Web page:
A new report authored by high frequency trading critic Eric Hunsader, founder of software firm Nanex, makes a key statement about the flash crash of 2010 that has been whispered in certain market making and algorithmic trading circles: HFT was to blame in the May 6, 2010 flash crash, the conclusions of which differ from official regulatory reports.
Waddell & Reed selling during the flash crash
This new study considers primarily volume and price data and shows that Waddell & Reed Financial, Inc. (NYSE:WDR) selling during the flash crash much more passive while HFT traders were more active than previously thought. The report shows there were many responsible for the crash who were not identified. The report analyzes the trade algorithm used by Waddell & Reed to execute the trades in question and notes important inconsistencies and key points that were not included in the flash crash report.
What’s the significance of Hunsader’s findings? It is important to invalidate the flash crash report because it hid the role of HFT algo’s not as a contributor, but as the primary cause, of the flash crash. This is significant because since the May 10 flash crash, HFT’s have used algorithms to manipulate markets, Hunsader claims, at an increasing rate. The improper labeling of the May 6, 2010 flash crash has in fact obfuscated the real number of flash crashes and fails to expose significant manipulation of the markets that continues today because the situation still remains a general secret.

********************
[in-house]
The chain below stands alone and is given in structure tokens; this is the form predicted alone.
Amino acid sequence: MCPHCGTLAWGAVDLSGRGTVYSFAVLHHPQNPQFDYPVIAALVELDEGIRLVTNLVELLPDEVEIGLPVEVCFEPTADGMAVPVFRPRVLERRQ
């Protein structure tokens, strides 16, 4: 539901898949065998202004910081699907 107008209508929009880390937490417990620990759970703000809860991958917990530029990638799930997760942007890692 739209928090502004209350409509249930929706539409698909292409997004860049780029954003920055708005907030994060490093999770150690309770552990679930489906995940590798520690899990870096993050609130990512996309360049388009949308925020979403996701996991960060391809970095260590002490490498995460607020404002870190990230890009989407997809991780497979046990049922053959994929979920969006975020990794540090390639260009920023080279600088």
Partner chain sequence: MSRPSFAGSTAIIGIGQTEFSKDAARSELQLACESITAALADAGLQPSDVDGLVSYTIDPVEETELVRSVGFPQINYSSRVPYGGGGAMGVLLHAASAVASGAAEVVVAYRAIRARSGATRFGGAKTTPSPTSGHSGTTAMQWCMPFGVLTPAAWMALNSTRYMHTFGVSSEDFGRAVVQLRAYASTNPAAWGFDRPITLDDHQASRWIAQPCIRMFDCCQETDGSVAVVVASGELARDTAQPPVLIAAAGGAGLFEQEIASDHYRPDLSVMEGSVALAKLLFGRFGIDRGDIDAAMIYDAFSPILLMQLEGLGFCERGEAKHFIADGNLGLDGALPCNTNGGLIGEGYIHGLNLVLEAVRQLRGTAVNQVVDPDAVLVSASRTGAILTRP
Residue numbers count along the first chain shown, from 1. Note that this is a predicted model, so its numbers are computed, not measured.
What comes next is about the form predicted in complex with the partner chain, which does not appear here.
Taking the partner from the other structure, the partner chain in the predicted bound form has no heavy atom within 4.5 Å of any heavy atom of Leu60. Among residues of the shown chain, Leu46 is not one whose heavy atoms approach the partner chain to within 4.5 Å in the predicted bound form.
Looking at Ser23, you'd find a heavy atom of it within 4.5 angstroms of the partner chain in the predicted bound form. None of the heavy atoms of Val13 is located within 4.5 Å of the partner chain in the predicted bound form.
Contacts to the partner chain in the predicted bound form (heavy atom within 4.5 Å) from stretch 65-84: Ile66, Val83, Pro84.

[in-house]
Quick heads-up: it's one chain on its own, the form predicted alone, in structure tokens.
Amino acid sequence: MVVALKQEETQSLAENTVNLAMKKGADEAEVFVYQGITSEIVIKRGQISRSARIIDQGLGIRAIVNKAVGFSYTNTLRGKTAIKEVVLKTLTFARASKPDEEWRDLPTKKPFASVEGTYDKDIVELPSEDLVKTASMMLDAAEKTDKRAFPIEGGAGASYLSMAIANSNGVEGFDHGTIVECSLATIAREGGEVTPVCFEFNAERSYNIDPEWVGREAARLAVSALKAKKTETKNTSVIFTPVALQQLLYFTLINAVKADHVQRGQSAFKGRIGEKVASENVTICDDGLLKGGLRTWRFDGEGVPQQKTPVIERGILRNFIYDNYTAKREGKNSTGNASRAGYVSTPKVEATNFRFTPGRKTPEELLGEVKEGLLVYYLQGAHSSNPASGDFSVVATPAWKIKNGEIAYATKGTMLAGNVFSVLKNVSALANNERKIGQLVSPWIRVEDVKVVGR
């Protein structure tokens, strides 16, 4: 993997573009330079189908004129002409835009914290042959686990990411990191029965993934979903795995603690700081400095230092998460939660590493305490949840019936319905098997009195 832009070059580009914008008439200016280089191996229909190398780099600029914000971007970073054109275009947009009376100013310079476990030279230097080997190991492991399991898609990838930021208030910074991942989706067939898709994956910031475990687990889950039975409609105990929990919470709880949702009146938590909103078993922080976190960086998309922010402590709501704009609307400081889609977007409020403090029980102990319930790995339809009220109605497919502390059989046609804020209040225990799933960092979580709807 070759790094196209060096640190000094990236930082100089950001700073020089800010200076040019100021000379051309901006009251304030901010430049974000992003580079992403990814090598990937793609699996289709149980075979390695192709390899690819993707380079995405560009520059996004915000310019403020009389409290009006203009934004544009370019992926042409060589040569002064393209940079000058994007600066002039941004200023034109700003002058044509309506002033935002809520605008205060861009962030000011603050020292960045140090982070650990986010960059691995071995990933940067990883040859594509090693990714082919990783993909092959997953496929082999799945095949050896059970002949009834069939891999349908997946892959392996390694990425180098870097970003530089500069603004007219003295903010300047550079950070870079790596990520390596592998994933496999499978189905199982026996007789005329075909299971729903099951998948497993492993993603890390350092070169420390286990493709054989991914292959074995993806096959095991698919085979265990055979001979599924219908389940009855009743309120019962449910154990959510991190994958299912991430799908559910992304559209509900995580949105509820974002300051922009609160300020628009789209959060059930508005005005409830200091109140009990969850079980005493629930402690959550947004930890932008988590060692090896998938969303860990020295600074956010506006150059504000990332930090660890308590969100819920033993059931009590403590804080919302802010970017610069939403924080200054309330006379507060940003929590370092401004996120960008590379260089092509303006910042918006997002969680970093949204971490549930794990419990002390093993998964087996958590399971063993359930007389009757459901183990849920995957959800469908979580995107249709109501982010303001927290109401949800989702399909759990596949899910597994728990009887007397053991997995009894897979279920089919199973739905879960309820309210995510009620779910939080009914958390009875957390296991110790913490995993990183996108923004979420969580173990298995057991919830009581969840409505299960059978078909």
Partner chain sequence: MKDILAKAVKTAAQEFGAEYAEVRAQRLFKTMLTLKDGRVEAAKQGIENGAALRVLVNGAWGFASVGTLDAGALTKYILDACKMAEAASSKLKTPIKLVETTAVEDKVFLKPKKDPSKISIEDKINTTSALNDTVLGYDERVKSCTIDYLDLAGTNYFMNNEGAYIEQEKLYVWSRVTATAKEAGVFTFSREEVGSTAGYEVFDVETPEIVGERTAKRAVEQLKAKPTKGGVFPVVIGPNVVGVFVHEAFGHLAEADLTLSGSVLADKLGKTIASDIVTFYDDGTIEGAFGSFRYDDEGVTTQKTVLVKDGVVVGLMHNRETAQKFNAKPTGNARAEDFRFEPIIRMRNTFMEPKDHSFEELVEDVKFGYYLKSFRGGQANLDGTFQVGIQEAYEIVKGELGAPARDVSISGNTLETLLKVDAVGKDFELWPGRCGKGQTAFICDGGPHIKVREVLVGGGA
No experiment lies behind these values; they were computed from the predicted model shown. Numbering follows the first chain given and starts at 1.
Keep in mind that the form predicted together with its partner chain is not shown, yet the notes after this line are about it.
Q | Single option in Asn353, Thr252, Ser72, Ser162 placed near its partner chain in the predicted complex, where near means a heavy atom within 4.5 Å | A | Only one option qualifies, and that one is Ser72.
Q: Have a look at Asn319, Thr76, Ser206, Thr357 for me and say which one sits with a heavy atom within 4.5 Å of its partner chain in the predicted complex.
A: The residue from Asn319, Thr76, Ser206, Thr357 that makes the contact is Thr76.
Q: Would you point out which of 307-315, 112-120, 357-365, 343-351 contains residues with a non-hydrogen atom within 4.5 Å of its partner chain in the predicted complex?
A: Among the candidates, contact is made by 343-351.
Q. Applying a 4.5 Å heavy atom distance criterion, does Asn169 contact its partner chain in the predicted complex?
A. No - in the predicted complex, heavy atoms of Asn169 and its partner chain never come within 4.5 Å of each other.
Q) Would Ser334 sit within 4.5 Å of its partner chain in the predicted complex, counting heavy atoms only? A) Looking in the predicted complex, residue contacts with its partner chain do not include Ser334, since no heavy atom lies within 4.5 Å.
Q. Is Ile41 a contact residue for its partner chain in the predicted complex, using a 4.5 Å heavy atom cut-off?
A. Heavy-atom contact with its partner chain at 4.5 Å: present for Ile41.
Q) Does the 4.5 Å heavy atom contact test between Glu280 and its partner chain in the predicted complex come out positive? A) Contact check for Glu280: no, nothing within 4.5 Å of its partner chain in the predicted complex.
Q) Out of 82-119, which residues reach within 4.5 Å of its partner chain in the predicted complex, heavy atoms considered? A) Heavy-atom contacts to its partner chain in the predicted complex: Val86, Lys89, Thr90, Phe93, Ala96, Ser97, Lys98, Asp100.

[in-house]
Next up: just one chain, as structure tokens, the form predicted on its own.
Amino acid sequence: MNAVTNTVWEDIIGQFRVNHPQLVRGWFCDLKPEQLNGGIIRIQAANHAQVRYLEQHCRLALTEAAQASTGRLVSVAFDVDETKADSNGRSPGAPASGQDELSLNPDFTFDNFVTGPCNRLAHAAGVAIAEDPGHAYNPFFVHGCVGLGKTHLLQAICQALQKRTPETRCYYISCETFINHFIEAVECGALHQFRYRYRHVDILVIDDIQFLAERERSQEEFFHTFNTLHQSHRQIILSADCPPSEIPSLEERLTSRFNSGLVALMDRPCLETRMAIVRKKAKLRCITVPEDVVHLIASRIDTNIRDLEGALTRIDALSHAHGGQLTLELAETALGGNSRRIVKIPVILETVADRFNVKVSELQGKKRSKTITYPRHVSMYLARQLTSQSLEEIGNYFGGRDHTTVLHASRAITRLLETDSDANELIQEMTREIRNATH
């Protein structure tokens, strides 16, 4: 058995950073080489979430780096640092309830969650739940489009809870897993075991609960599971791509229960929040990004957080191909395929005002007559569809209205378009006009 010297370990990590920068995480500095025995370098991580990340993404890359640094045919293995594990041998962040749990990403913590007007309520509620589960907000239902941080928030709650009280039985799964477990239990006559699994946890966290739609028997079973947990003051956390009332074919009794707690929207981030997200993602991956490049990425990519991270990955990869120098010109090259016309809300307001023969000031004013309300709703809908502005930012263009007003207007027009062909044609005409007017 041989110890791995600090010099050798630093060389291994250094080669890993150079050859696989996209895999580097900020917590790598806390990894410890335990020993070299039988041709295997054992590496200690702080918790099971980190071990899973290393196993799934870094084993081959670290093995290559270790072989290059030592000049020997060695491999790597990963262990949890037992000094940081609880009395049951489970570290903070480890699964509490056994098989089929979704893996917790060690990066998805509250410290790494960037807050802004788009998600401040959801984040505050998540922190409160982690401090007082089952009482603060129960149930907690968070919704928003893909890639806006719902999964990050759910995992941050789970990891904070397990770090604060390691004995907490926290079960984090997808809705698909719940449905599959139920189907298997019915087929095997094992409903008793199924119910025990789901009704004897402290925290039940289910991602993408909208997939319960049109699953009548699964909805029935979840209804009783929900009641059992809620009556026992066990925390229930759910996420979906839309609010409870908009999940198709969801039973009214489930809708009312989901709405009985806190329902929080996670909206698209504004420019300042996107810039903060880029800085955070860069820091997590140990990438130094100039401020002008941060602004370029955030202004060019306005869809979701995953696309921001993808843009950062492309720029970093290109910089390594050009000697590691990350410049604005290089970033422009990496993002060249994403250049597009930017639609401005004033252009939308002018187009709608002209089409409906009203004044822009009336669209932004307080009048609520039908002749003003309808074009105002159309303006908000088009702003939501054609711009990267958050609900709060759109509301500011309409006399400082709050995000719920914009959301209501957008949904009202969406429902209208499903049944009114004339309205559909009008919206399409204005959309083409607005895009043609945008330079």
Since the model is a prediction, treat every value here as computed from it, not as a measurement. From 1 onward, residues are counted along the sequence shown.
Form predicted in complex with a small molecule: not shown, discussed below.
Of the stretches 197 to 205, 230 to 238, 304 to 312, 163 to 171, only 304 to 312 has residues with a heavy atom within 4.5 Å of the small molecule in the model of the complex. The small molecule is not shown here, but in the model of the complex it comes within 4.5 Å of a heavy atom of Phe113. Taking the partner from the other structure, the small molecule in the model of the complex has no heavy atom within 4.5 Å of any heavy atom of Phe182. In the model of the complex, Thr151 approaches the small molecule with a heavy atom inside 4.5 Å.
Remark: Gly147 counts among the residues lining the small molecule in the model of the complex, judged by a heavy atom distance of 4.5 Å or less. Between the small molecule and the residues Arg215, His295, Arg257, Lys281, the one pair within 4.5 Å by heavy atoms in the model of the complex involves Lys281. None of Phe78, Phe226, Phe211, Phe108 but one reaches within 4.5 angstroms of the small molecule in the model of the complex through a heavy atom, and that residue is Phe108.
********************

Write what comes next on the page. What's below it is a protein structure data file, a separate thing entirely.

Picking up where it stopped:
Hunsader was provided unusual access to the Waddell & Reed to develop the study thesis
To develop the study thesis, Hunsader was provided unusual access to the Waddell & Reed Financial, Inc. (NYSE:WDR) trade data from both Waddell & Reed and Barclays Capital, the brokerage firm that executed the trades.
After taking a slow motion look at the trading that occurred, Hunsader notes the algorithm blamed from mutual fund was price sensitive and reduced trading as the market crashed. Hunsader is the only non-governmental official to have access to the time stamped trades from Waddell & Reed, the mutual fund company fingered in the official flash crash report.
“The SEC flash crash report states the HFT became aggressive, but not anywhere near the level of aggressiveness that actually occurred,” Hunsader said in an interview. “It’s like saying ‘the hockey player stole the puck after gently bumping the other player’ but what really happened is ‘the hockey player stole the puck after bashing the other player against the wall, rendering him unconscious and sending him to the hospital where he slipped into a coma.”
To view the entire report: http://www.nanex.net/aqck2/4650.html